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Beyonce’s Ivy Park apparel has ‘rigorous ethical’ program, retailer says

Image: Singer-Songwriter Beyonce Knowles arrives at the Metropolitan Museum of Art Costume Institute Gala (Met Gala) to celebrate the opening of “Manus x Machina: Fashion in an Age of Technology” in the Manhattan borough of New York, May 2, 2016. REUTERS/Eduardo Munoz


By Rina Chandran

MUMBAI (Thomson Reuters Foundation) – Ivy Park, the sportswear brand that is a joint venture between singer Beyonce and Topshop tycoon Philip Green, has defended itself against a Sun newspaper report that says its supplier in Sri Lanka uses “sweatshop slaves” to produce the clothing.

Workers making some of the clothes at MAS Holdings in Sri Lanka earn just 4.30 pounds ($6.30) a day, the tabloid reported on Sunday. Most of the “poverty-stricken seamstresses” are afraid to speak out for fear of losing their jobs, it said.

“Ivy Park has a rigorous ethical trading program. We are proud of our sustained efforts in terms of factory inspections and audits, and our teams worldwide work very closely with our suppliers and their factories to ensure compliance,” Ivy Park said in a statement emailed to the Thomson Reuters Foundation.

“We expect our suppliers to meet our code of conduct and we support them in achieving these requirements,” it said.

South Asian garment manufacturers have come under increasing scrutiny since the Rana Plaza factory disaster in Bangladesh in 2013, in which more than 1,100 factory workers died.

The wages that the Sun reports are paid to Topshop’s Sri Lankan factory workers are well above the minimum wage in South Asia, where minimum salaries in the garment industry range from $68 a month in Bangladesh to $71 in Sri Lanka and $120 in Pakistan, according to the World Bank.

Working conditions in Sri Lanka’s garment industry, which is largely organized, are “generally better” than in the rest of South Asia, the World Bank said in a report last month.

Sri Lanka’s garment exports, which are worth about $4.4 billion a year, are largely “higher-value, niche products”, made by workers who are better educated and more skilled than their peers in the region, the report said.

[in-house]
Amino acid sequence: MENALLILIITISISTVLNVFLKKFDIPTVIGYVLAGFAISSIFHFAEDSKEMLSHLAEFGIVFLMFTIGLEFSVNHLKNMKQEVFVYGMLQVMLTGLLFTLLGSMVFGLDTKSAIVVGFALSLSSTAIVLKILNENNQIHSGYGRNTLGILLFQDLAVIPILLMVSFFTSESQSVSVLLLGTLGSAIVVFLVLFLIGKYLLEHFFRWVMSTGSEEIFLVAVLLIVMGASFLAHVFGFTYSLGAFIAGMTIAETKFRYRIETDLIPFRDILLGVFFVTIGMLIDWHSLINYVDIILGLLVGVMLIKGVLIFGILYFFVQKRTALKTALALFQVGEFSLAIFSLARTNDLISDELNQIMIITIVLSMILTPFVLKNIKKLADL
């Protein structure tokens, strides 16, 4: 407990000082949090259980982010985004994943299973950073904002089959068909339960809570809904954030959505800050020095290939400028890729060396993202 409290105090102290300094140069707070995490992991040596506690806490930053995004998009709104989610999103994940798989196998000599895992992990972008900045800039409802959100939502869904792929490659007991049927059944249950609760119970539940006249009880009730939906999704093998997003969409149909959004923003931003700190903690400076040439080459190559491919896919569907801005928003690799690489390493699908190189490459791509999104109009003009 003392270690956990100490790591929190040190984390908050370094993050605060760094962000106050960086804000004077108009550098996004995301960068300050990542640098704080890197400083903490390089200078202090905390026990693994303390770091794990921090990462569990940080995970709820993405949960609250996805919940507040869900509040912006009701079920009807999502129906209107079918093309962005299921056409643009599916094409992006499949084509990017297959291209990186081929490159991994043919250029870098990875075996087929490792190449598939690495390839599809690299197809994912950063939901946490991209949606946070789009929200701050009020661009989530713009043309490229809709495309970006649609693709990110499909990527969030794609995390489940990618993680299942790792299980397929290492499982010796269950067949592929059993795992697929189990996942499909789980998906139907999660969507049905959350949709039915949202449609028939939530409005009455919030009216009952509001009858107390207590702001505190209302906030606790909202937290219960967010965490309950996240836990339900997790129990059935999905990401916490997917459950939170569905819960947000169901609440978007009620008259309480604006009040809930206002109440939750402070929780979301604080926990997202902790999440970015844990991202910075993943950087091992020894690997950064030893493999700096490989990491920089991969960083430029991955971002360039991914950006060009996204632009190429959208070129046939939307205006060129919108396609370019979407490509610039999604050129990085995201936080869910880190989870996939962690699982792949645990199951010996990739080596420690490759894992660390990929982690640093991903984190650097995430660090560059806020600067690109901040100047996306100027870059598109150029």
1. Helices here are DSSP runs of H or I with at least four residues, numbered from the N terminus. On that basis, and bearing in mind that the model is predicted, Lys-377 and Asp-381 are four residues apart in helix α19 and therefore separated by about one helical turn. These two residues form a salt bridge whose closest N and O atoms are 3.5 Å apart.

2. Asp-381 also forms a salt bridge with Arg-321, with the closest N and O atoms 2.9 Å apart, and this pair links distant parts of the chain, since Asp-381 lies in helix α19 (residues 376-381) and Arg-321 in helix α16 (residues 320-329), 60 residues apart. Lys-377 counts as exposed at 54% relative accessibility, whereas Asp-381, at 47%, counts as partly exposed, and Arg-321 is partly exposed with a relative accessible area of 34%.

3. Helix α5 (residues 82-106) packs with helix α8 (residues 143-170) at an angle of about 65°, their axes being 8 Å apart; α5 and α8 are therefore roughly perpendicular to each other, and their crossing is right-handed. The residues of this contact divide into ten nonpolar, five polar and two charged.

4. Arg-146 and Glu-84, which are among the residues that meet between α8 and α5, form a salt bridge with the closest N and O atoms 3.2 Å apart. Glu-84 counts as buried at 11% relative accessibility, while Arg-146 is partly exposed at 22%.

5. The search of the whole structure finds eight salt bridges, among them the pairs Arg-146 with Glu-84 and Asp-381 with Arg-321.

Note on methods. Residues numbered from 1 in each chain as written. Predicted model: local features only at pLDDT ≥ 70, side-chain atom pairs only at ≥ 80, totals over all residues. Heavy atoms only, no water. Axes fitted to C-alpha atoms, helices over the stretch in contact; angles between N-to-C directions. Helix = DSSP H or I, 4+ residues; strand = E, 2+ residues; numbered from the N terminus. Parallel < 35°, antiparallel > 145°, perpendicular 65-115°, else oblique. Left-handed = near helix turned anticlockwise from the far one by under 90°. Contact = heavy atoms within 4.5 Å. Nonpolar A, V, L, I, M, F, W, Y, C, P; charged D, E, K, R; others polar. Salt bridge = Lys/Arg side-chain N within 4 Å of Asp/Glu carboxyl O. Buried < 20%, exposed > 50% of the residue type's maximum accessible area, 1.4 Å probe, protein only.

However, while companies generally comply with the minimum-wage levels set by governments in Asia, these wages “fall far below a wage a person could live on”, according to lobby group Clean Clothes Campaign.

It estimates that in Sri Lanka the minimum monthly wage is about a fifth of the country’s living wage.

Annanya Bhattacharjee of the Asia Floor Wage Alliance (AFWA)said the garment workers in Sri Lanka were probably working longer than eight-hour days and not being paid overtime.

“They often don’t have the option of saying ‘no’ as they may lose their jobs if they do, and also because of economic coercion. So this is a form of forced labor; they’re bound to the employer,” she told the Thomson Reuters Foundation.

The AFWA will call on the International Labour Organization at its conference next month to adopt its recommendations for global standards for supply chains that include the recognition of a living wage as a human right.

Demand for Beyonce’s Ivy Park range crashed the Topshop website on its launch in April. The collection includes socks costing $6, a sports bra at $36 and body suit priced at $65.

The Sun’s report said that workers at the Sri Lanka factory, “mostly young women from poor rural villages”, could only afford to live in boarding houses and had to work more than 60 hours a week to make ends meet.

Several calls to MAS Holdings for comment were not returned.

MAS Holdings has 48 manufacturing facilities in 15 countries, according to its website.

(Reporting by Rina Chandran, Editing by Jo Griffin.; Please credit the Thomson Reuters Foundation, the charitable arm of Thomson Reuters, that covers humanitarian news, women’s rights, trafficking, corruption and climate change. Visit news.trust.org to see more stories.)

Copyright 2016 Thomson Reuters. Click for Restrictions.

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